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Comments
10

You realize it’s San Diego voters who keep on re-electing this person to Congress. If they are blind to her actions nothing will change EVER.

April 10, 2019

Anyone can gain "a deeper perspective into the complexities related to Israeli-Palestinian conflict, U.S. foreign aid, and other issues in the Middle East" simply by visiting a public library, using Google, watching PBS, and reading newspapers, magazines and professional journals. That $13,218 junket is reprehensible behavior by Rep. Davis, and she needs to resign.

None

April 10, 2019

The total would be $23,223 if Matt reported the correct amount. "Airfare from Washington to Israel for Davis and her husband Steve ran $9965 apiece.." I think it's a typo because even first class would be under $3,000 each.

April 11, 2019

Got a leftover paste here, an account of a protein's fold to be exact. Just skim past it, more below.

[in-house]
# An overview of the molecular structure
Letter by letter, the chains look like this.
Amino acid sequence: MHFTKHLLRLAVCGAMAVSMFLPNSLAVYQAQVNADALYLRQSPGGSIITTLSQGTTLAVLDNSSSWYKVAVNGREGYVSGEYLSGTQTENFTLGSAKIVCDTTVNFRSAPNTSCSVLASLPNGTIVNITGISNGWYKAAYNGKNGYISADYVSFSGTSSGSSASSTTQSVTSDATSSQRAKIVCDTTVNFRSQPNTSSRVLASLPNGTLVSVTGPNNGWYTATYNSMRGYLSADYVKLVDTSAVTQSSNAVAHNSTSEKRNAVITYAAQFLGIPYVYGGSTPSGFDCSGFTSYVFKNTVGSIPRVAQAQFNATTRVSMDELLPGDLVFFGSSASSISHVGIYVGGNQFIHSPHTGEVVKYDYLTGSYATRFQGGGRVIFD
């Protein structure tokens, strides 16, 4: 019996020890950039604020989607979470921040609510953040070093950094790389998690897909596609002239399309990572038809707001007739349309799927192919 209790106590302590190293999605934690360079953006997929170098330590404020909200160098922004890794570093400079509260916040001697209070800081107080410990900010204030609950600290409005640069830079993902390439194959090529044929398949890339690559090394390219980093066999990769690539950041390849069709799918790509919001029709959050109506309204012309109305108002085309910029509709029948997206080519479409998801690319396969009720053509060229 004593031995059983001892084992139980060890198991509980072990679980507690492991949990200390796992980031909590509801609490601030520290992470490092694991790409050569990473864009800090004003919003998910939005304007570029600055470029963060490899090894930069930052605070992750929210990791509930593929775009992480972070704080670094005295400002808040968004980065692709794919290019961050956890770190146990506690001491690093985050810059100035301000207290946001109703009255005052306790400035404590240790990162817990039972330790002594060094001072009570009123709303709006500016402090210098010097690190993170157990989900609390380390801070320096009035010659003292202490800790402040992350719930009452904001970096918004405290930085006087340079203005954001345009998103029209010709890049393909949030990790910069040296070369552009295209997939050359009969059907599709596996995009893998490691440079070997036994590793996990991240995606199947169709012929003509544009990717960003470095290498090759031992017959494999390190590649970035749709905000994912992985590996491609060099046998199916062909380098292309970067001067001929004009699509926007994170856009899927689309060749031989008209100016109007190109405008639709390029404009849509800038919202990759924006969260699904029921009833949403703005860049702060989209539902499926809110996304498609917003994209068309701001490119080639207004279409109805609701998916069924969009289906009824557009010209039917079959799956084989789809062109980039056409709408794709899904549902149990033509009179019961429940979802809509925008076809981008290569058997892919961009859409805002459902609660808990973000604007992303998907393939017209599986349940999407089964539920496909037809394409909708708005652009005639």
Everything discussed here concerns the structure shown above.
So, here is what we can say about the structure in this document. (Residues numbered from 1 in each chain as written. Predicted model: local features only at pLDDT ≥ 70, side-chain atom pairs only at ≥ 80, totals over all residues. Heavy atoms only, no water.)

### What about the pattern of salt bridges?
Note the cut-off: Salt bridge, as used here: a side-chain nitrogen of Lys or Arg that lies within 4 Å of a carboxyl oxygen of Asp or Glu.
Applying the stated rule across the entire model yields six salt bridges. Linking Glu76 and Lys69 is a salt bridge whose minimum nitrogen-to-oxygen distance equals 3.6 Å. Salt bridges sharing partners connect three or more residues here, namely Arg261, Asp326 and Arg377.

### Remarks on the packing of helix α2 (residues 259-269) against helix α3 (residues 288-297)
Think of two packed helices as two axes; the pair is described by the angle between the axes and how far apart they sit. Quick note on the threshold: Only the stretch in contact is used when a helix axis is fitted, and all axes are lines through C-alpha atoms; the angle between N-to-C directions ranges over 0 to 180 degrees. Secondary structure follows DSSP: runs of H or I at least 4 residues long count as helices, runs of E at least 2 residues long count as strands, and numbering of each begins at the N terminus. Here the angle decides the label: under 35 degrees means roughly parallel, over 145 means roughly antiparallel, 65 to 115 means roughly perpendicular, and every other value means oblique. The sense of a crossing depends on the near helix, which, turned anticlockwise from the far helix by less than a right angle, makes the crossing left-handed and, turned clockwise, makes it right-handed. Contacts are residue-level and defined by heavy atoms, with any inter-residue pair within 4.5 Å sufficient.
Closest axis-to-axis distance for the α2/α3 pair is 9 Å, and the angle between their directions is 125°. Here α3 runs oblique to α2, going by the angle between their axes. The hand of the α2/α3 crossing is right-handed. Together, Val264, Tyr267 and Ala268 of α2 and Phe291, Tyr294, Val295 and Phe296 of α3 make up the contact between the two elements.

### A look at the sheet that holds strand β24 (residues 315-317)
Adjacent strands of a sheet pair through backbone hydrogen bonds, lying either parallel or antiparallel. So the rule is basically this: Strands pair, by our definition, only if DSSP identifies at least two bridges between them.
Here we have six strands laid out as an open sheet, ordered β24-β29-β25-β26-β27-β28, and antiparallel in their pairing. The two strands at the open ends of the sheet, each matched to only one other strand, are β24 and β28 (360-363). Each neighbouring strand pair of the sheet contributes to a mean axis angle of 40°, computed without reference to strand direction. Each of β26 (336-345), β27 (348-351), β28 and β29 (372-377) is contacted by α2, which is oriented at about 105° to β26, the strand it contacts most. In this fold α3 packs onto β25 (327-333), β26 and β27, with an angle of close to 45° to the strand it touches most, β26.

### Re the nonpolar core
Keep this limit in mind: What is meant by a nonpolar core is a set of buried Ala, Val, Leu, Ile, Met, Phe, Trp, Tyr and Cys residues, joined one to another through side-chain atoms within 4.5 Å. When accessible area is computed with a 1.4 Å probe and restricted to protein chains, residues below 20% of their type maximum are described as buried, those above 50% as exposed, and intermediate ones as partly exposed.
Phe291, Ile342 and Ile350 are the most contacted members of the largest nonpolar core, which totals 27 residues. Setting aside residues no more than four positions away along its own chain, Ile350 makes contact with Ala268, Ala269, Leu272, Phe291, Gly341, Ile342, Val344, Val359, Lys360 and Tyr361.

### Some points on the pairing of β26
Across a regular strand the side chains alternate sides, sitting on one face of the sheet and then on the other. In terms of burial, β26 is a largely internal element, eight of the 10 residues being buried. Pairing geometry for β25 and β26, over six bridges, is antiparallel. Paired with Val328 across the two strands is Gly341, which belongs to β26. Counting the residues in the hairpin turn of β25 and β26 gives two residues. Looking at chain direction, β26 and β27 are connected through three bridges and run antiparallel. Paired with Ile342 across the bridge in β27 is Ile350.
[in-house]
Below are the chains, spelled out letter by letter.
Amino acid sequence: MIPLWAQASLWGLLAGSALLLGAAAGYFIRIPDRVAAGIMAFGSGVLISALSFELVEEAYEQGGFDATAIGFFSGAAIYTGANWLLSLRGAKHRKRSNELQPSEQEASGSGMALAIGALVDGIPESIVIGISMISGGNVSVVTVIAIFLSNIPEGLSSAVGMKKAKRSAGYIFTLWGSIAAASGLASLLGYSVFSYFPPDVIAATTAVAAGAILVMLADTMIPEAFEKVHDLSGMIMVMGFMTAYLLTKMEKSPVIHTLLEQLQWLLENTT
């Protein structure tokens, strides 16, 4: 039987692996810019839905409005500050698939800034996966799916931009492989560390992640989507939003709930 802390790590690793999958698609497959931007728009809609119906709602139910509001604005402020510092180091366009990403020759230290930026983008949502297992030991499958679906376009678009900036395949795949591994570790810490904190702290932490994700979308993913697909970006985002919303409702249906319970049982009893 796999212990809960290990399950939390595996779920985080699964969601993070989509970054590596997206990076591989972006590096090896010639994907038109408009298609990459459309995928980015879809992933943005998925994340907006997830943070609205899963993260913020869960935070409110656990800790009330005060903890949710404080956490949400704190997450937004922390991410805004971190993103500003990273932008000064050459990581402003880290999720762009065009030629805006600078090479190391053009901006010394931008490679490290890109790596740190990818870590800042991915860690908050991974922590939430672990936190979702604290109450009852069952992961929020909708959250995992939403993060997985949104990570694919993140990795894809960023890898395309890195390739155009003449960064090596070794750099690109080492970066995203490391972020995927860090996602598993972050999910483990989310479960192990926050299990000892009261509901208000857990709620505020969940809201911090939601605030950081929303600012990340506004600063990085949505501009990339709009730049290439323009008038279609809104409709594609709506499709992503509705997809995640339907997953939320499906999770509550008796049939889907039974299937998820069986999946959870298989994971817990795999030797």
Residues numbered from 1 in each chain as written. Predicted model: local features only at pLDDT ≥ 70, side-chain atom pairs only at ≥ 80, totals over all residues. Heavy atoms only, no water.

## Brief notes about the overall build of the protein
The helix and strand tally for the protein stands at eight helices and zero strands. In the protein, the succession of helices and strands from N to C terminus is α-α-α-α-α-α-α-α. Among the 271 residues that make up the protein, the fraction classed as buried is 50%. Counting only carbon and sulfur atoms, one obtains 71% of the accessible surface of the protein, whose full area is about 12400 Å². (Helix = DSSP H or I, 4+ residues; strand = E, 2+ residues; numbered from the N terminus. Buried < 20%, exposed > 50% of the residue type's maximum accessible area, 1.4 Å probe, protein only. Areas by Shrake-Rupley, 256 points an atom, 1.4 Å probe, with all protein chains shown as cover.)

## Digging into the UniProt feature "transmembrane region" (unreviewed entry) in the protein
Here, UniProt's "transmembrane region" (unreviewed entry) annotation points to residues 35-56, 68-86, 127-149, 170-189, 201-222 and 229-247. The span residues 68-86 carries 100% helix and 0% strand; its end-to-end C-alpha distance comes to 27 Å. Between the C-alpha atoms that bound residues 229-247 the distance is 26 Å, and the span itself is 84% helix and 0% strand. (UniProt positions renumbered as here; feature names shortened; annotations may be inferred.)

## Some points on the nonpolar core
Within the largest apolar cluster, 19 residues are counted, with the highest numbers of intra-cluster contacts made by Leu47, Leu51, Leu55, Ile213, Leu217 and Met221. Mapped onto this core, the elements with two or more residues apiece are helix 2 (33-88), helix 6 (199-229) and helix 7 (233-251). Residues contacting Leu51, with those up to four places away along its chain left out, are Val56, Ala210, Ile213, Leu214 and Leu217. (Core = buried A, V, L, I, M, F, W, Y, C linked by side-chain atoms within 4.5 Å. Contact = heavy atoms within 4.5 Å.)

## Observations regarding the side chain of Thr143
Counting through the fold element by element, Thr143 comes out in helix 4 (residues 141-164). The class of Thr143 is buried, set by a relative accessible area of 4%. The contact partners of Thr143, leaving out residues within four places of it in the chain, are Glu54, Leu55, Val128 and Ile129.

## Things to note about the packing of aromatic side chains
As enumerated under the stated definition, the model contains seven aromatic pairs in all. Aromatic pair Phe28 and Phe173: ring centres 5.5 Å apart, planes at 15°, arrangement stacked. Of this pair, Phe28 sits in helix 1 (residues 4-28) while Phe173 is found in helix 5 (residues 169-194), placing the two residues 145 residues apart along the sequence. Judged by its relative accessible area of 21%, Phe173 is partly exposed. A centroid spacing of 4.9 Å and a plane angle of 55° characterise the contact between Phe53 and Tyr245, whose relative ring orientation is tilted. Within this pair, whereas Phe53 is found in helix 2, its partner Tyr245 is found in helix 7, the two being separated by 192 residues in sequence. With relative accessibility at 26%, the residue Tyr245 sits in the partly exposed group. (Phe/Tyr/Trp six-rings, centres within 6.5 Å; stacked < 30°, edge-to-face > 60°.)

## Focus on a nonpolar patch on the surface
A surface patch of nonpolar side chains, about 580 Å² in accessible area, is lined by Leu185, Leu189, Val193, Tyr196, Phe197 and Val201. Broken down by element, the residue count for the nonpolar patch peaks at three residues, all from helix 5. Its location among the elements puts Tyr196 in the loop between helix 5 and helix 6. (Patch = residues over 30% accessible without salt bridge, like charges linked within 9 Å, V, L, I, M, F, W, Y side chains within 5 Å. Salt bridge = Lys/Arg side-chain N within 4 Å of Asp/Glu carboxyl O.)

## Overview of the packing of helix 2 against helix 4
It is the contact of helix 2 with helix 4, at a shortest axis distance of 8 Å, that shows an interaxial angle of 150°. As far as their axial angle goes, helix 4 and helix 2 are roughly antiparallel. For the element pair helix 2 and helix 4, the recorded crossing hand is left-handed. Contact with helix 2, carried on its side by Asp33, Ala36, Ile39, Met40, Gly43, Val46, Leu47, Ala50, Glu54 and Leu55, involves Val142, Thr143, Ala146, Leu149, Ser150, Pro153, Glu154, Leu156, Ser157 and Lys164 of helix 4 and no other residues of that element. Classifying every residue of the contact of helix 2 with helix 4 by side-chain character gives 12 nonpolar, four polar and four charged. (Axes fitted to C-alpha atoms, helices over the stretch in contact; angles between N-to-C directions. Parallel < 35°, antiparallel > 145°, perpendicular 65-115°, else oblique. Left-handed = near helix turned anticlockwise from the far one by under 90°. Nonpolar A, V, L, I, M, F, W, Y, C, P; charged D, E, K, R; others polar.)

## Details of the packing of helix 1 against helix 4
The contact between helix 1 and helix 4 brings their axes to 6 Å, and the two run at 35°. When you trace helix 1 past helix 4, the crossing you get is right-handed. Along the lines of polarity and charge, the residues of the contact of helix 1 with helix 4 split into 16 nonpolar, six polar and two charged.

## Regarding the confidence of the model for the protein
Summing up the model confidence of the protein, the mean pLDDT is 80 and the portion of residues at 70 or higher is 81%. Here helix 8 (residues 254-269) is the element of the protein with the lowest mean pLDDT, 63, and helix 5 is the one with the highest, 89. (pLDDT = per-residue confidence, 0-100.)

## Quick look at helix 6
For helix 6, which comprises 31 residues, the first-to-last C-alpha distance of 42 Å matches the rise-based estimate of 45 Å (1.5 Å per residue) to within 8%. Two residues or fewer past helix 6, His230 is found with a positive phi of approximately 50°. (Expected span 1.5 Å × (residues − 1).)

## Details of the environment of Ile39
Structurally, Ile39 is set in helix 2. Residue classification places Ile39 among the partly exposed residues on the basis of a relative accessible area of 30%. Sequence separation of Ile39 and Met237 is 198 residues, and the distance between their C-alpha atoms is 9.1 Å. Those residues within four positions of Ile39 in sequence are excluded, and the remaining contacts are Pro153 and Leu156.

On the topic of Khosla, what we see is further decline in the caliber of people hired by UC headquarters to be UCSD chancellor. If you go back to Atkinson, he had serious shortcomings, but managed to move up to the presidency of the university. His record in that position was less-then-stellar. He was followed by Dynes as chancellor, and then Dynes too became the UC president. It was during his tenure as president that the regents grew highly frustrated by his administrative incompetence. There was a proposal floated then to create yet another vice president who would perform the administrative functions of the office. He slunk away in 2008. His successor as UCSD chancellor was Fox, who arrived with plenty of baggage. She was serving on the corporate boards of more than six major corporations and was drawing big stipends for so doing. When did she have time to be a full-time campus CEO? Well, after a few years and after a few scandals, it became apparent that she wasn't running the place after all. But whe was taking down more income from board service than her very-generous salary. She became such an embarrassment to the university that she was nudged into retirement in 2012. And so for the past seven years they've had Khosla, a guy with a mixed job history and a slimy reputation. Now he's accused of being a tyrant and a bully, two characteristics that are not appreciated at all in academia. Will the current UC president, Napolitano, find it necessary to fire him. She has fired two chancellors already, and more could be coming. What is the problem here? Can't they get anyone worth having to take those prestigious appointments? Something is wrong at the UC, very wrong.